An image of the “sea monk” or “monkish fish” in an announcement for this week’s Great Lakes Great Libraries conference in Madison caught our eye.
The image was often reproduced in early modern books of natural history, in which readers could experience at a safe remove monsters and sports of nature cohabiting the natural world. Along with the bishop fish, it appeared, for example, in book 4 of Conrad Gesner’s Historia animalium, 2nd edition (1604),which advertised on its title page its debt to Rondelet and Belon.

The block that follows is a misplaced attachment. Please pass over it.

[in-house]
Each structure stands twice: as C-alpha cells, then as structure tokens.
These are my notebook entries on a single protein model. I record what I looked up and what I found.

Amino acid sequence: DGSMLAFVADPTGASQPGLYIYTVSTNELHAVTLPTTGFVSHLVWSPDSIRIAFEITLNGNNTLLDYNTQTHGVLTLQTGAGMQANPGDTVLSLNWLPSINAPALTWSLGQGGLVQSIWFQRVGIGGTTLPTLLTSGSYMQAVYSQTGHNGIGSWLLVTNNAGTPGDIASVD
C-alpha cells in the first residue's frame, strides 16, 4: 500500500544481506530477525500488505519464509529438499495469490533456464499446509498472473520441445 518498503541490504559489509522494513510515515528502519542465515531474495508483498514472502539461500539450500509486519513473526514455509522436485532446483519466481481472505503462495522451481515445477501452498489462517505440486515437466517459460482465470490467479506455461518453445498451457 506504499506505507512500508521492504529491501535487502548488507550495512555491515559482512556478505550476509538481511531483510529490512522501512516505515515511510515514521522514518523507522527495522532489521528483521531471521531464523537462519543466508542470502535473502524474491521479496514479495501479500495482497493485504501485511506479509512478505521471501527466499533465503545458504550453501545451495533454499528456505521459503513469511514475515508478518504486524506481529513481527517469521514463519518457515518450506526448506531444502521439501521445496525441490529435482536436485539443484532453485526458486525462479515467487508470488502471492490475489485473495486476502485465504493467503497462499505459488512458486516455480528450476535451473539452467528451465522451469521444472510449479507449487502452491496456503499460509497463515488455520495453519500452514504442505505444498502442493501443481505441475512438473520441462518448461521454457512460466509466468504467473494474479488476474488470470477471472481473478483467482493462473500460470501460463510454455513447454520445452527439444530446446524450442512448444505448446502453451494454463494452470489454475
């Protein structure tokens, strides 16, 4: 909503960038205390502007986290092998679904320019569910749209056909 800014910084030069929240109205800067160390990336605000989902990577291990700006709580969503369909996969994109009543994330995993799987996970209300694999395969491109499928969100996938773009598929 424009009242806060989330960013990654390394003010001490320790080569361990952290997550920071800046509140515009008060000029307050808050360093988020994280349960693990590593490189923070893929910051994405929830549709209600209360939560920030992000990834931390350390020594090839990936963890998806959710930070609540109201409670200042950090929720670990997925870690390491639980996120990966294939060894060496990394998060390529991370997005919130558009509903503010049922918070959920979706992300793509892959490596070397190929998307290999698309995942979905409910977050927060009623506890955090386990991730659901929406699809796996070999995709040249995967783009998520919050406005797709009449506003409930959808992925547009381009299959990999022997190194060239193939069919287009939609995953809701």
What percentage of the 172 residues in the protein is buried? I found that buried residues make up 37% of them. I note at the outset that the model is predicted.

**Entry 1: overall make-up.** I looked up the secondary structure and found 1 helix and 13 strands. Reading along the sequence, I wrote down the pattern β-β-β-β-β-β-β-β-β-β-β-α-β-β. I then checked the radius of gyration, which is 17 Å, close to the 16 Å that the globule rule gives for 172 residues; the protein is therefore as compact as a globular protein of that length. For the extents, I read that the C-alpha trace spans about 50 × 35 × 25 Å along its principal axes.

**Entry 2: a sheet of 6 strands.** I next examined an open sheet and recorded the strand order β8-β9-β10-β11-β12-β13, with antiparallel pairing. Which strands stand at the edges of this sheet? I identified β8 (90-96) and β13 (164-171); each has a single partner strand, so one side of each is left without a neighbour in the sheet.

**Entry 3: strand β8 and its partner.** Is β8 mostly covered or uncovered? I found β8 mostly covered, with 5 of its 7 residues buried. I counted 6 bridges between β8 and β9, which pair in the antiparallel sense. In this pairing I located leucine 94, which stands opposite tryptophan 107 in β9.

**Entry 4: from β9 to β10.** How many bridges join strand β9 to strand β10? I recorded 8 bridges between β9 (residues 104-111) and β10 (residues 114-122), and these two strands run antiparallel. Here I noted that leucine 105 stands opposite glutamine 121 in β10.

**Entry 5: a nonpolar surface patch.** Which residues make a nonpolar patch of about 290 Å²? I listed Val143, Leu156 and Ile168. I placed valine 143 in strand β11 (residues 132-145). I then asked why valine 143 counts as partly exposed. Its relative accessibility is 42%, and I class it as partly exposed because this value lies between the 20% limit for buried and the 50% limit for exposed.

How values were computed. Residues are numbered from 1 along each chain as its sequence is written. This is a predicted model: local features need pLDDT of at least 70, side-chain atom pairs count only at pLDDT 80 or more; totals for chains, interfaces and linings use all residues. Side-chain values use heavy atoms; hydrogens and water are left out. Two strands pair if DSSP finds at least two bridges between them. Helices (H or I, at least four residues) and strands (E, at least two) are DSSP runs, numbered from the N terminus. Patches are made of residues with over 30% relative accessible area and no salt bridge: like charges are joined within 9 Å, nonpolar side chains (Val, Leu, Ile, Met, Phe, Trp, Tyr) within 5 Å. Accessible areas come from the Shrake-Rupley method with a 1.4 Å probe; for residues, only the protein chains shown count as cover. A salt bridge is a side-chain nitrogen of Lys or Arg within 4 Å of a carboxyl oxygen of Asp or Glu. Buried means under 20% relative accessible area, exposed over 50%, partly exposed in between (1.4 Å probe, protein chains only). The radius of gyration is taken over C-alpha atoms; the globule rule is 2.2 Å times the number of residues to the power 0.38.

Our copy of Gesner’s work on fish is bound with others of his works in a hefty oversize volume,
which includes other denizens of the deep both conventional
Belon’s work of 1553 (in a horizontal format better suited to fish) and Rondelet’s work of 1554-1555 likewise included illustrations of the “fish with the habit of a monk”:
For more on “sea monks and other page frights,” see a post on the Biodiversity Heritage Library blog from last Halloween.